Tell us about yourself and your professional journey?
My name is Wangechi Mwangi, I’m 22 years old and a student at Strathmore University. I started my first project when I was 17, which was a community-based program. We got young people together and built a social network platform and through that we did community-building activities, like mentoring students from under-privileged backgrounds, visiting hospitals and visiting children’s homes.
After that, at 18, I got an internship at iHub Research, an innovation hub for the tech community in Kenya. I was doing research on two main things; firstly, the technology and entrepreneurship space in Kenya and secondly, the impact groups like hubs and accelerators have on entrepreneurship in Kenya.
Being at iHub straight after I finished high school really exposed me to the positive impact tech and entrepreneurship have on our development as a country. I really became interested and invested in this field. I joined Strathmore University shortly afterwards. I was still doing internships and projects while in school because I’ve always felt this hunger to do something more and go the extra mile. For my second-year project, I started Valuraha with a few of my counterparts and I left all my other projects to fully invest my time and energy in it.
Why did you choose to pursue a career in finance and technology?
I have always had a passion for finance and economics. However, my experience at iHub grew my interest in technology so I looked for ways to merge the two fields. I decided to enroll business and technology program at the university but the course had more to do with tech than finance so I wasn’t really satisfied. When the opportunity arose to do a project that had the perfect balance of tech and finance (Valuraha), I grabbed it.
Why Valuraha? What motivated you to start this organization?
I believe money is important, but understanding it is critical that it doesn’t control or have power over you. My observations over the years indicate that the more you plan your money and make it work for you, the more control you have over it, and the more independence you have over your activities later in life. Majority of Kenyans don’t have a good saving or investment culture, and Valuraha aims to change this by teaching the younger generation about how to attain financial independence, thus building a society of more financially stable individuals
What is your view of women’s participation in finance and tech space in Kenya?
From my experience working with high school students, I can say for the most part that both boys and girls are given equal opportunities and resources in terms of education. Exploitation of these resources is different though, and I have seen both boys and girls reaching out and taking advantage of these opportunities. The difference comes in at an individual level because some girls may not be interested in finance or tech, and to me that’s totally fine. I believe in giving people the freedom to pursue whatever their passion is, and giving equal opportunities to both boys and girls.
How does Valuraha empower the youth?
Valuraha offers young people a very different view of investments and entrepreneurship and exposes them to opportunities in these fields at a very young age. Our students buy shares while they’re in high school, so you can only imagine what they will be doing in college or when they’re working. We don’t necessarily teach the specifics of finance but we teach them basic skills in investments and wealth-building that enable them to see opportunities and resources where previously they would not have seen any. We also give them a chance to explore and be creative with the skills we give them so they end up teaching new things at the end of the day. I believe that nations are built by entrepreneurs and people who are constantly giving back, and that’s exactly what our club teaches the youth to practice.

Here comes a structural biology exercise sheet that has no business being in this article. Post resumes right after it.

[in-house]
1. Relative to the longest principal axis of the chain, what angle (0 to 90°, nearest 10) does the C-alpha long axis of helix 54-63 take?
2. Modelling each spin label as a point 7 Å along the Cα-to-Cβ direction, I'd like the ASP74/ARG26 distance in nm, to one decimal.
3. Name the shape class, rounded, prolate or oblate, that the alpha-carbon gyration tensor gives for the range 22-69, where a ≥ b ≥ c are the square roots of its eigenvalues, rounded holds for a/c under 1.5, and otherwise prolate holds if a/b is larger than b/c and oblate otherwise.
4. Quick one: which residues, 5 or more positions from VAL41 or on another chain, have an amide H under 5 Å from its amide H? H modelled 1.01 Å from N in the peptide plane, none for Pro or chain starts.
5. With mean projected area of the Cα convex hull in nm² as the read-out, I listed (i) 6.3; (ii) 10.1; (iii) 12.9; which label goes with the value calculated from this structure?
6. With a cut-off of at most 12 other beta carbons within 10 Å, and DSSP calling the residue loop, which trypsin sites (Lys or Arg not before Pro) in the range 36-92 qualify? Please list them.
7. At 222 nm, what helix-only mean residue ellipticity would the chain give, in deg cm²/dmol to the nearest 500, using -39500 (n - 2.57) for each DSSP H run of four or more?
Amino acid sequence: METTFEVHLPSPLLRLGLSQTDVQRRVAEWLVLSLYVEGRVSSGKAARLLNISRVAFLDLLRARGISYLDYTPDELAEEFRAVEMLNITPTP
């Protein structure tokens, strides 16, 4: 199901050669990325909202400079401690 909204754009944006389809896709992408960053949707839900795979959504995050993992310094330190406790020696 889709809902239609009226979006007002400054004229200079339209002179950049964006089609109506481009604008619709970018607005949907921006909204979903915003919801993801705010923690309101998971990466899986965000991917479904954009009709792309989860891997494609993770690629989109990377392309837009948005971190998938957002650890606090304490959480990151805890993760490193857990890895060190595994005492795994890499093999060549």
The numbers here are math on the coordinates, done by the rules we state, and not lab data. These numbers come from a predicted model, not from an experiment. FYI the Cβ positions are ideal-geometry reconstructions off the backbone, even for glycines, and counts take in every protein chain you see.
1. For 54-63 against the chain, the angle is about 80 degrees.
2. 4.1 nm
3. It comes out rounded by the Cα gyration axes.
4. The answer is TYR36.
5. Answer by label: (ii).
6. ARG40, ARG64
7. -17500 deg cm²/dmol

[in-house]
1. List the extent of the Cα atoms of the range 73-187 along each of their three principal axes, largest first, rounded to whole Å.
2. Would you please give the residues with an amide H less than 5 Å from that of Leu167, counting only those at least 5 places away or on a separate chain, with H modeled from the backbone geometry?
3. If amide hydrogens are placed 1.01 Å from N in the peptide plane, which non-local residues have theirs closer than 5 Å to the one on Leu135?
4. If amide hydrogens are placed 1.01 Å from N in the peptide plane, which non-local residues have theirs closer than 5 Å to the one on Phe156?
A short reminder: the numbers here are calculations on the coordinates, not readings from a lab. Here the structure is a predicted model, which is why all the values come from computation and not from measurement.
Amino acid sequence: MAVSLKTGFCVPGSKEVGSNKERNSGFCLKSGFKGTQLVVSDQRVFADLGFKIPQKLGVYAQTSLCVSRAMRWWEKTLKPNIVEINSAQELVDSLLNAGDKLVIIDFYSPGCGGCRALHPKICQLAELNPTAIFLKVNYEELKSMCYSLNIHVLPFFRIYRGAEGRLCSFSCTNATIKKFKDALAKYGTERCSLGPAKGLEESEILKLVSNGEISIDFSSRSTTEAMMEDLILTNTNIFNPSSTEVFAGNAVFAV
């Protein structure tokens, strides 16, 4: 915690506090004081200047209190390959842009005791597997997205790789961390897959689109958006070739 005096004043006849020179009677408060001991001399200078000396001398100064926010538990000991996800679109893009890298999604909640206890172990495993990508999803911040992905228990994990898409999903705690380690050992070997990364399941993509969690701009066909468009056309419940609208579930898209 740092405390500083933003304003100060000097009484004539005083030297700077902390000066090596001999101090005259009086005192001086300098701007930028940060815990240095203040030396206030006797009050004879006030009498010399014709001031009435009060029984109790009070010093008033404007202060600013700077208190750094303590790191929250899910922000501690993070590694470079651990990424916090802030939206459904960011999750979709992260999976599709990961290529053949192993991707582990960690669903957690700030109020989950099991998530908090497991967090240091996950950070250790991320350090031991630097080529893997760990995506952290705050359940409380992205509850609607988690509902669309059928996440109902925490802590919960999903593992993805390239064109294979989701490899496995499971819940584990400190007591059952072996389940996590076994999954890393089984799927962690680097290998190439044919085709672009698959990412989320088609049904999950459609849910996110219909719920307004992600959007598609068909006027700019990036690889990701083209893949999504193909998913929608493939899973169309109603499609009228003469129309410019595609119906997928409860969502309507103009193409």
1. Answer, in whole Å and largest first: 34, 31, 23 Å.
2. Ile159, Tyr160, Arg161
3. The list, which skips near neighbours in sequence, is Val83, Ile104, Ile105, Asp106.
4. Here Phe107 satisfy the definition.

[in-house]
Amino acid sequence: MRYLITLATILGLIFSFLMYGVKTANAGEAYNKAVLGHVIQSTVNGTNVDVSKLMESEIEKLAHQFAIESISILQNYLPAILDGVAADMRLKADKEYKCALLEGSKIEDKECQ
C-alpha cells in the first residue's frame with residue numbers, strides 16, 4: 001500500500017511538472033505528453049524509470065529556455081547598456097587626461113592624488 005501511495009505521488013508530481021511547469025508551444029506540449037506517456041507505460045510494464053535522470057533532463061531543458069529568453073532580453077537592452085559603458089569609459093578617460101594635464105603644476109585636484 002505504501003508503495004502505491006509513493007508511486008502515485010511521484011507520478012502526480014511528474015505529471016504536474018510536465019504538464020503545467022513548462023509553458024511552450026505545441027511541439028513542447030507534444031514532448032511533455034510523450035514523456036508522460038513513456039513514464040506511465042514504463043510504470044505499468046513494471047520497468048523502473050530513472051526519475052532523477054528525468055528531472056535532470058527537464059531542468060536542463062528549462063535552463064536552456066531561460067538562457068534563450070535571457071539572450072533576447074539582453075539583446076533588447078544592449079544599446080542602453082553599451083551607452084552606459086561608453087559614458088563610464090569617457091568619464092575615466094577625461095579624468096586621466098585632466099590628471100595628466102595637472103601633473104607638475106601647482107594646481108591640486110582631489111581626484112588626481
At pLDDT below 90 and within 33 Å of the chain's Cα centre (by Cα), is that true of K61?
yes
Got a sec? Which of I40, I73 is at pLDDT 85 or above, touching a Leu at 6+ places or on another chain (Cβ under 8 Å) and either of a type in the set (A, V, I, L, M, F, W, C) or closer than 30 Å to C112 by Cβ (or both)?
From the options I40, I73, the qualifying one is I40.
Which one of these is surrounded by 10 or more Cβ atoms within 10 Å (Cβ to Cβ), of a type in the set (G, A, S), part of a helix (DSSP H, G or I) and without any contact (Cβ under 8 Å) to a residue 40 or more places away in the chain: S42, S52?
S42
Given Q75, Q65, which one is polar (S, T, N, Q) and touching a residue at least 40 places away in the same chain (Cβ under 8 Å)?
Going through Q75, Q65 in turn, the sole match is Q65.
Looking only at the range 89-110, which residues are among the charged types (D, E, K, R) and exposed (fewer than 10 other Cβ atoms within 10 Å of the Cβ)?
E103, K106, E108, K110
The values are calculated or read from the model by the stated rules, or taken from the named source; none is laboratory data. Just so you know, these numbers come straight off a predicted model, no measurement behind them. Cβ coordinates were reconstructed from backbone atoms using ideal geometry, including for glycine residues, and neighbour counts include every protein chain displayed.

In your view, what is the most significant achievement Valuraha has had up to date?
It’s not the recognition or awards we’ve received, it’s definitely the impact we’ve had on the young people we mentor. It’s the Faiths who won’t have to pay for university since they won a scholarship during our annual competition. It’s the Imandas who have investment portfolios of 150,000 Kshs at the age of 16. It’s the Traceys who have completely changed their family situation by converting their family members into avid investors. The small, but positive changes we make in our community, that’s the most significant achievement.
What are some of the challenges/setbacks you’ve faced?
One of the main challenges we have faced is when two of our co-founders left and I was left as the sole person running the company. I suddenly had to face the responsibilities of three people by myself and that took a toll, but I’d like to think that I grew out of it and learnt how to balance it all quite well. Revenue is also a problem at times as we don’t get enough funding from schools and we have to look at alternative sources of revenue. Poor infrastructure in schools is a major problem too, as we need computers and the Internet for the club but some schools don’t have these resources. In these schools though, we have pushed principals and external parties to provide the materials we need to run the club. This last setback actually turned into a positive thing though, as some schools that have never had any IT resources finally have something to work with. Challenges will always be there but I think we emerge from them as better and refined.
What do you see in the future of Valuraha or what do you hope to be in the future?
I would like the Valuraha program to be available in high schools all over Kenya, and to the extent of it being mandatory for each high school student. I want students to know that one doesn’t need an education in economics and business in order to be financially literate. I want them to be aware of themselves, at least financially.